Minister Merry to the Secretary of State.

No. 1115.]

Sir: I have the honor to advise that the Government of Costa Rica has enacted a law patterned largely after that of the United States of which a copy had previously been obtained from this legation. The Costa Rica law, however, requires no cash in possession of the immigrant entering the Republic.

[Page 705]

The recent action of the Nicaraguan Government in contracting with the Nicaragua Contract and Finance Company of California for the introduction of five thousand Chinese coolies, which number it is feared may be increased, has attracted governmental attention to the question of immigration, it being apprehended with reason that it will be difficult to prevent these coolies entering Costa Rica overland. Consequently the Chinese now in this Republic are being required to obtain local government passports, without which they will not be permitted to remain.

Costa Rica has none too many laborers, and at crop seasons suffers more or less on this account. The labor coming in from abroad is mostly that of Jamaica negroes, but very few of these are employed in the interior, while the labor on the seacoast including the rapidly increasing banana industry, could not be developed without them, as the natives of the elevated interior are not able to endure the heat and malaria of the low lands on the coast even as well as our people, and avoid going there to any extent.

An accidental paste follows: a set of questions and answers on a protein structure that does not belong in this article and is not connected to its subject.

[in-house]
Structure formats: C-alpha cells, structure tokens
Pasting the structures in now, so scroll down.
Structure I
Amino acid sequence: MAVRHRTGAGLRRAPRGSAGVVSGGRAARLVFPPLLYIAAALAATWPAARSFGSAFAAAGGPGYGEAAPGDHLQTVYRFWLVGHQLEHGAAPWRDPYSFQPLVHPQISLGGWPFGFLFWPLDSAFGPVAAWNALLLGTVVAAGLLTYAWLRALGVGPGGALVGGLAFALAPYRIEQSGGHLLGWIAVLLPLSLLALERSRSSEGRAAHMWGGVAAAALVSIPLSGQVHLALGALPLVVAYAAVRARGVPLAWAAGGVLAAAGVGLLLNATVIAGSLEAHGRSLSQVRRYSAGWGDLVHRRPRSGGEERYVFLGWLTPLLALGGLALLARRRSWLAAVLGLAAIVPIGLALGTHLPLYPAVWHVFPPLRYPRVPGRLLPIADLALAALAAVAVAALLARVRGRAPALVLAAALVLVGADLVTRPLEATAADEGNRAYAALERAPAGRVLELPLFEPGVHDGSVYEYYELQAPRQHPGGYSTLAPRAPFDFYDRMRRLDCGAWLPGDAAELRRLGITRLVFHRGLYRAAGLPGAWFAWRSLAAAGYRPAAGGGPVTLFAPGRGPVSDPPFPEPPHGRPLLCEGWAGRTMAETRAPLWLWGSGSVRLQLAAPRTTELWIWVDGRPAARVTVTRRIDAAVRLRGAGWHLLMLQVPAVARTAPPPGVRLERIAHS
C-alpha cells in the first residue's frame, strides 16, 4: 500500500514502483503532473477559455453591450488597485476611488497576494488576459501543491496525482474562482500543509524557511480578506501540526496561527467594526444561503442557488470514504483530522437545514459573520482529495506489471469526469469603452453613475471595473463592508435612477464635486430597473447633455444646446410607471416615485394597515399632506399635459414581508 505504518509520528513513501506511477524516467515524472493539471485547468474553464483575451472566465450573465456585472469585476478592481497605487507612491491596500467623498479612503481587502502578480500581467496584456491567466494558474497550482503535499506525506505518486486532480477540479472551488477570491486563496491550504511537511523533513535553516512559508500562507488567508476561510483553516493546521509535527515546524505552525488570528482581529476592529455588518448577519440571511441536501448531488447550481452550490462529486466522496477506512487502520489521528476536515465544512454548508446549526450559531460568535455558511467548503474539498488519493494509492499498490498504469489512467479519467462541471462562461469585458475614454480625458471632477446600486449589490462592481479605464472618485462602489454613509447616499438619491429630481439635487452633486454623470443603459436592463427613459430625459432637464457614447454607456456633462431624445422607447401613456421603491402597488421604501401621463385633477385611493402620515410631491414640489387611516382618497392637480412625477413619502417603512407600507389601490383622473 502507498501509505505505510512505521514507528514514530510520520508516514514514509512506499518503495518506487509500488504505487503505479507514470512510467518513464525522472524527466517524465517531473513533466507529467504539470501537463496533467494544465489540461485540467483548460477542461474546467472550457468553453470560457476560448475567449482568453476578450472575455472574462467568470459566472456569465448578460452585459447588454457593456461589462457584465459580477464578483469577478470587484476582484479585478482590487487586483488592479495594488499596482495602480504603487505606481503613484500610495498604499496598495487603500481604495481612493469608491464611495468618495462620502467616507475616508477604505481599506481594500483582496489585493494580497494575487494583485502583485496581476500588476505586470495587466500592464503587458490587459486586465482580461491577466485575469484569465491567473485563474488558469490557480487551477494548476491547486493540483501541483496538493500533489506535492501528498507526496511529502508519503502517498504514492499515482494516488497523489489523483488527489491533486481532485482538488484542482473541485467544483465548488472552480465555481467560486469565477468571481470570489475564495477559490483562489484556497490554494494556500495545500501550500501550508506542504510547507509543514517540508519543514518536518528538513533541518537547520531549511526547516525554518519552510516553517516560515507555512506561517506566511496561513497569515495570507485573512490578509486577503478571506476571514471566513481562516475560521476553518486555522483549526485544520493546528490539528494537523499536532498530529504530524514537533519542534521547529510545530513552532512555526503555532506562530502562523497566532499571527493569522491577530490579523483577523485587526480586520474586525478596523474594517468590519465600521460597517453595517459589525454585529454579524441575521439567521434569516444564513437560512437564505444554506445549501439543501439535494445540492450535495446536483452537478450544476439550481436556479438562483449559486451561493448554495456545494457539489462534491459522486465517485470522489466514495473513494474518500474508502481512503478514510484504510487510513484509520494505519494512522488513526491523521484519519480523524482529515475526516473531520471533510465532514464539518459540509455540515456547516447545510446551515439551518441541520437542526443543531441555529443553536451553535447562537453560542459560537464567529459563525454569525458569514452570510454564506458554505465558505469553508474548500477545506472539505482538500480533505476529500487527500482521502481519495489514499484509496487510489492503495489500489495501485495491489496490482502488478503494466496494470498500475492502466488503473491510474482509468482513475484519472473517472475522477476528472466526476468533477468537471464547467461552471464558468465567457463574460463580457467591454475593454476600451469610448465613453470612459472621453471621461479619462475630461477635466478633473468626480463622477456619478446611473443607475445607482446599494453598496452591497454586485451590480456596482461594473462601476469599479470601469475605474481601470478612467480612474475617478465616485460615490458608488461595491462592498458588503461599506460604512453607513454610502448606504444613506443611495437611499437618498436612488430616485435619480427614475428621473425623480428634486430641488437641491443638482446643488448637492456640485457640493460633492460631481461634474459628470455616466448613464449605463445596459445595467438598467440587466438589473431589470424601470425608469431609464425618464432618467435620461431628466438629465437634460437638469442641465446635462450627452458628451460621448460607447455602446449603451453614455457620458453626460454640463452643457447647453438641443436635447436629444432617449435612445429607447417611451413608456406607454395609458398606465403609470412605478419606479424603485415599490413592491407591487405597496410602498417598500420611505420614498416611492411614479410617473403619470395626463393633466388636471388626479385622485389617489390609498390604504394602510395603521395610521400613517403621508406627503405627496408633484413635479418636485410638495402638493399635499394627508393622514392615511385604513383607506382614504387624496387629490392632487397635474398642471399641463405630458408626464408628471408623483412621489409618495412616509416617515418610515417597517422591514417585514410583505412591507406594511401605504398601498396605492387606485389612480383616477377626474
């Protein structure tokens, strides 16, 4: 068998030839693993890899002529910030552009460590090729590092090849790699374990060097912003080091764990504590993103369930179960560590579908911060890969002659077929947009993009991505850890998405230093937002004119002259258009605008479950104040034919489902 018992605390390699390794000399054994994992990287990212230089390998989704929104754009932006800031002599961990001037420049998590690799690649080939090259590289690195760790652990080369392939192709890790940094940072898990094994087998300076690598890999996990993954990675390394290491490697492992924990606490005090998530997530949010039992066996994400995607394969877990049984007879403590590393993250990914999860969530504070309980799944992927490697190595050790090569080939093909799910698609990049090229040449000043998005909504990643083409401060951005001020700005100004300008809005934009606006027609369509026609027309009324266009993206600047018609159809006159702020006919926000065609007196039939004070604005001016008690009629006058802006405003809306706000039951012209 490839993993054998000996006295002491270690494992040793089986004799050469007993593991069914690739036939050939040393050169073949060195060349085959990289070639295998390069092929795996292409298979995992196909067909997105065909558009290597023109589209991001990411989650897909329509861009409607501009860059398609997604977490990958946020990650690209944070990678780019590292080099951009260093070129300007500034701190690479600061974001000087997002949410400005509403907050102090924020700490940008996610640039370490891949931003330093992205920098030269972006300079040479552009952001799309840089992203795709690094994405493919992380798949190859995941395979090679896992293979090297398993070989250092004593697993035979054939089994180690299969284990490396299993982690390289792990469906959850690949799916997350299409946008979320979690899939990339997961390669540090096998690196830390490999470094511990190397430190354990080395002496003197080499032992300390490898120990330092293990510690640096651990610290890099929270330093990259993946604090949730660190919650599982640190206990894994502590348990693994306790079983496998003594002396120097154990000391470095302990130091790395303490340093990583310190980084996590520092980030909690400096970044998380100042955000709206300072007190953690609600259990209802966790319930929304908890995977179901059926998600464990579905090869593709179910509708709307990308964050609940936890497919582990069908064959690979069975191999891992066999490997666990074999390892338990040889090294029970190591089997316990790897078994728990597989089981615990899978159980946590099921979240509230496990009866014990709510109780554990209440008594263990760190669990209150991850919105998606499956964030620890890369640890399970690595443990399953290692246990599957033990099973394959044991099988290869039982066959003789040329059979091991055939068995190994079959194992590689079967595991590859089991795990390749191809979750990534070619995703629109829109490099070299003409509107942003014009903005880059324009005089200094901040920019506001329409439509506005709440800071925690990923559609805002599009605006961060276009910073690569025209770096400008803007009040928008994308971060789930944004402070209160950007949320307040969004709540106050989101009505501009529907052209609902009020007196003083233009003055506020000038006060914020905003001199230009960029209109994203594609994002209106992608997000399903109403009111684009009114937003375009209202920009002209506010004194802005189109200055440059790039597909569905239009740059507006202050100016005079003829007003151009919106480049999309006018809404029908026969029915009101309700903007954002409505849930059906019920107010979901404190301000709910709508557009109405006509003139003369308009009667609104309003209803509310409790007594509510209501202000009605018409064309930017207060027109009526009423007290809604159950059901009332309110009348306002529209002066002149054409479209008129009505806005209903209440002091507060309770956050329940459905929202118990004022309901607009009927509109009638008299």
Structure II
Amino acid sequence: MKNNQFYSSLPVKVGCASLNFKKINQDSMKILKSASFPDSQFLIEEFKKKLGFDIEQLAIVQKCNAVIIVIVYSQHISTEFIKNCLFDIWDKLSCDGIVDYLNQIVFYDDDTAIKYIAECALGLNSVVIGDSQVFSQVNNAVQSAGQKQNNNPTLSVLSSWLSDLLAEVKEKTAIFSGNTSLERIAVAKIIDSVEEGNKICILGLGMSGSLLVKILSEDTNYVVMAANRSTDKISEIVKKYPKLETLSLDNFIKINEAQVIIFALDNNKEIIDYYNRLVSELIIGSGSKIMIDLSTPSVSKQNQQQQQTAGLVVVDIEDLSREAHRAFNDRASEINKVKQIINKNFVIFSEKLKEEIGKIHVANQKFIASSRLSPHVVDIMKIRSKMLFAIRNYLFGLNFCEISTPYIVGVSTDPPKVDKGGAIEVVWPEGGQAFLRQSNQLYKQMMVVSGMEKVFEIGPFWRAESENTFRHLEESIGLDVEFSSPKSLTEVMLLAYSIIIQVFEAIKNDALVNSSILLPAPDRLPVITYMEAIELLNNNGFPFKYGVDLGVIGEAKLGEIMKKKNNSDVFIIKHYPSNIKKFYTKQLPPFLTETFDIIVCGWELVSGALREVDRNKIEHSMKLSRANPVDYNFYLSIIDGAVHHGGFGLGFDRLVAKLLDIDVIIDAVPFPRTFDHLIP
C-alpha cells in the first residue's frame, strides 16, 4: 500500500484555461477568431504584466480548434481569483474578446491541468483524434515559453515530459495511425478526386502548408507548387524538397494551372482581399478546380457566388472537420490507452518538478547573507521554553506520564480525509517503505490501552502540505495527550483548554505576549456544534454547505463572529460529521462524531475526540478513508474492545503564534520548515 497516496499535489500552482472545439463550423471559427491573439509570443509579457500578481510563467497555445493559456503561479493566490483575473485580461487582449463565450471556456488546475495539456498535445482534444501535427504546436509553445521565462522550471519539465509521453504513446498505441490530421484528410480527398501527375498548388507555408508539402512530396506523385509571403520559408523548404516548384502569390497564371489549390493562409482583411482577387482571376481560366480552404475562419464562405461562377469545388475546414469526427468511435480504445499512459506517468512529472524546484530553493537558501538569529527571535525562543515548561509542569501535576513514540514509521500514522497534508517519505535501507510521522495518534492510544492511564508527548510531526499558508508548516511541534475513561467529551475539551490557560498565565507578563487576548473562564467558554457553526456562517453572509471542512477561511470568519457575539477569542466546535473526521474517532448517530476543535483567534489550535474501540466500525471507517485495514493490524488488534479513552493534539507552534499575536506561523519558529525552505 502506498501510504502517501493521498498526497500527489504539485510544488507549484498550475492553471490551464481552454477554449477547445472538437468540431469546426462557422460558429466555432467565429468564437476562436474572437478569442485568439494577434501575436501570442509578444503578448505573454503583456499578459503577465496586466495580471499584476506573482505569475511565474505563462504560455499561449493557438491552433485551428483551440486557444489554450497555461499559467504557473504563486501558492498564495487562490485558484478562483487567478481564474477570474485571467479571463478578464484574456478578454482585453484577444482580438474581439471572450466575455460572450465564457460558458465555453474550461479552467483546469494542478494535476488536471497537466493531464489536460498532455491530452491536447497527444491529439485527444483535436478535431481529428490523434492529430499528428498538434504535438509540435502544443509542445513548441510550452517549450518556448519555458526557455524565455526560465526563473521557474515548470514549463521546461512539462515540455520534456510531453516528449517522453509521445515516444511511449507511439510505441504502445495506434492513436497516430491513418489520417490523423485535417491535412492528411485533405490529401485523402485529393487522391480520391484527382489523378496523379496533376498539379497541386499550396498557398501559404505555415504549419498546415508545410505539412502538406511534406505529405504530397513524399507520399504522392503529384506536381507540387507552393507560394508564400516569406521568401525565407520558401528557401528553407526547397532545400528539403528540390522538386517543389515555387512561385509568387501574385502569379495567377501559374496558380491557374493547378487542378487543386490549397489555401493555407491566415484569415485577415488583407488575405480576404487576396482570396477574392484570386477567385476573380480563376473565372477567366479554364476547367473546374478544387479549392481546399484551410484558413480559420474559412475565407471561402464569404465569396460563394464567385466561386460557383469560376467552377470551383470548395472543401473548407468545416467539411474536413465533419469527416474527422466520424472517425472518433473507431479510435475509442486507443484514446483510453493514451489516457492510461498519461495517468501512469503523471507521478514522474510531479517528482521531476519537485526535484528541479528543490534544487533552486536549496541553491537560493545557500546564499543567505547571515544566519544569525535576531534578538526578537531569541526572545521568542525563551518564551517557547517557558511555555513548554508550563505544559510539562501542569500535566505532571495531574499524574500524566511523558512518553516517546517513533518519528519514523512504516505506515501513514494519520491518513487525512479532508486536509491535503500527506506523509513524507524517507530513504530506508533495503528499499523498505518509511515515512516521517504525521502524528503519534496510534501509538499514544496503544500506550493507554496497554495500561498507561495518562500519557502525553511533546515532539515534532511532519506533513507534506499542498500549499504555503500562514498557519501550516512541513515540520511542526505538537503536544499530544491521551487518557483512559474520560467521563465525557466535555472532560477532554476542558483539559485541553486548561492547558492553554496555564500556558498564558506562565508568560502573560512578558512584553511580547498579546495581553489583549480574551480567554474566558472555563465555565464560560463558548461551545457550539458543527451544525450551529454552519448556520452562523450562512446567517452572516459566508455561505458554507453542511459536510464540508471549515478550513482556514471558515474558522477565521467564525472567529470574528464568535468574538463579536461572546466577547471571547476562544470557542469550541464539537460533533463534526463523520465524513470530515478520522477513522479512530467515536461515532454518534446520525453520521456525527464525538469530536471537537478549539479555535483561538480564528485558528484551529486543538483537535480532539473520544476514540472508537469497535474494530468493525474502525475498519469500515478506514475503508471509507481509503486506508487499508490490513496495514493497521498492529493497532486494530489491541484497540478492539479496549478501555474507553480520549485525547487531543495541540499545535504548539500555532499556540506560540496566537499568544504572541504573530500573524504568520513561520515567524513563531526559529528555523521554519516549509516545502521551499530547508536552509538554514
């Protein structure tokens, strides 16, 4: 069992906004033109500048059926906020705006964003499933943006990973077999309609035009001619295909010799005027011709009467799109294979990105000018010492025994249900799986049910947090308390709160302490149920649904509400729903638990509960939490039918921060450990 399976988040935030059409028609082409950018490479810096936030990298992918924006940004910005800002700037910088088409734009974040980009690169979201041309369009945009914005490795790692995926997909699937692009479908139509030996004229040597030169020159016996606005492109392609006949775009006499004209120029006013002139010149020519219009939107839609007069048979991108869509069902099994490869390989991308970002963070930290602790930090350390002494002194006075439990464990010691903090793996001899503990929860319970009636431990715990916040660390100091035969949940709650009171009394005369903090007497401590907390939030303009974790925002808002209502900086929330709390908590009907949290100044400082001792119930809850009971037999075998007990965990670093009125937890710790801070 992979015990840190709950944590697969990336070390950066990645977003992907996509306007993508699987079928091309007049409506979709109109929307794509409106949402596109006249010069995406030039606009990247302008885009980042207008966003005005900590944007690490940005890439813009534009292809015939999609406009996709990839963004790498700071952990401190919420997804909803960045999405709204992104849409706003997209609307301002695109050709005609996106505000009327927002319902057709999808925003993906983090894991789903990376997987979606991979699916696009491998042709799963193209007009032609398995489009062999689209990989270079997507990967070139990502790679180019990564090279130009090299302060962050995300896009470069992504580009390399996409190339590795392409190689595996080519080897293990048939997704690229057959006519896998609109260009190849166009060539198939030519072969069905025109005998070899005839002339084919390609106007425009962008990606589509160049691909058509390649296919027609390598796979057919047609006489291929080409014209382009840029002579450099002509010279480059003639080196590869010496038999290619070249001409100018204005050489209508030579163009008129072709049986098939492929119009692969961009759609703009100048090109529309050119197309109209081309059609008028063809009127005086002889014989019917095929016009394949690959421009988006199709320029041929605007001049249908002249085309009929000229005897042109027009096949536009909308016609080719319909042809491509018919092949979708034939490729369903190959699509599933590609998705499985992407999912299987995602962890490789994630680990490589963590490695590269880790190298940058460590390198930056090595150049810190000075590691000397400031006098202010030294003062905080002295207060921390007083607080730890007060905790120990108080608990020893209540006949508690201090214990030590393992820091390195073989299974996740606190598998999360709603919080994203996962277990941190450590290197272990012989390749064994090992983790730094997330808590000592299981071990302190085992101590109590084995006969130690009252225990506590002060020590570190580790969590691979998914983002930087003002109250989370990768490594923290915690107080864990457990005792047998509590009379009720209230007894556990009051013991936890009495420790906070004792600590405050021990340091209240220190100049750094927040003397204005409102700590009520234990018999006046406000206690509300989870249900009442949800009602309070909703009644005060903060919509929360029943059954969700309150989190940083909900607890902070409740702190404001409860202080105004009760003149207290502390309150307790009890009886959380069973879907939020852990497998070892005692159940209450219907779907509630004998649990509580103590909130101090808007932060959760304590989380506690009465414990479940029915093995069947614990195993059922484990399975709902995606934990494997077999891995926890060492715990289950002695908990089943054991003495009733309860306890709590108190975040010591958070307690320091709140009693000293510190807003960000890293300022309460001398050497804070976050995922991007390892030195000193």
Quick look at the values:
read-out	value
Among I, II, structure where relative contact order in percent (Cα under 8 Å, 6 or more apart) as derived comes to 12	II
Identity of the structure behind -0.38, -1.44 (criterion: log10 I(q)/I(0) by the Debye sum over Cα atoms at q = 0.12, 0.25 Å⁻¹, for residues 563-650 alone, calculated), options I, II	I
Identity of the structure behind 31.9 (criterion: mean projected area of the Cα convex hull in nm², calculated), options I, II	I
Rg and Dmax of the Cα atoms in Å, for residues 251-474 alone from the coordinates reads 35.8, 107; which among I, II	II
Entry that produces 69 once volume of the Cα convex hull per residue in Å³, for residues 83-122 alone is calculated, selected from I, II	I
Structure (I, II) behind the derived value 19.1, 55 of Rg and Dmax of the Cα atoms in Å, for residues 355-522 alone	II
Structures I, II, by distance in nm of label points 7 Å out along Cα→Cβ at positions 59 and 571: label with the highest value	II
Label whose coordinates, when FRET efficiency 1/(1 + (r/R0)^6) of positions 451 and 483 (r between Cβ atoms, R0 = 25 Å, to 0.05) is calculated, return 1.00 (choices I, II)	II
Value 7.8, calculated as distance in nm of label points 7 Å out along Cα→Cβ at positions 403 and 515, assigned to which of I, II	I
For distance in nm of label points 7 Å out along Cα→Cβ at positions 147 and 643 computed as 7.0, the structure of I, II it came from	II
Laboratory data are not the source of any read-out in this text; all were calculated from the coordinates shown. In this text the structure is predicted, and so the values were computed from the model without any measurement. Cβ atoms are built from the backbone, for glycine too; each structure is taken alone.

The law above alluded to was passed by the permanent commission of Congress and promulgated by executive decree on the 24th of November last. The constitution requires that it shall be approved by the next Congress, although it becomes effective at once. This permanent commission of the Costa Rica Congress is peculiar to this Republic, being elected by that body from its membership prior to adjournment with full power to legislate in the interval, subject to the qualification noted. The five members of Congress constituting it are always acceptable to the President and under his political control. While there are instances of minor amendments being made by Congress there is no record known to me of any action by the permanent commission being rejected thereby, it being understood that all its acts are approved by the executive. In the other Central American Republics there are no permanent commissions, the executive decree being the law of the country immediately effective but nominally subject to the approval of Congress. * * *

I have, etc.,

William Lawrence Merry.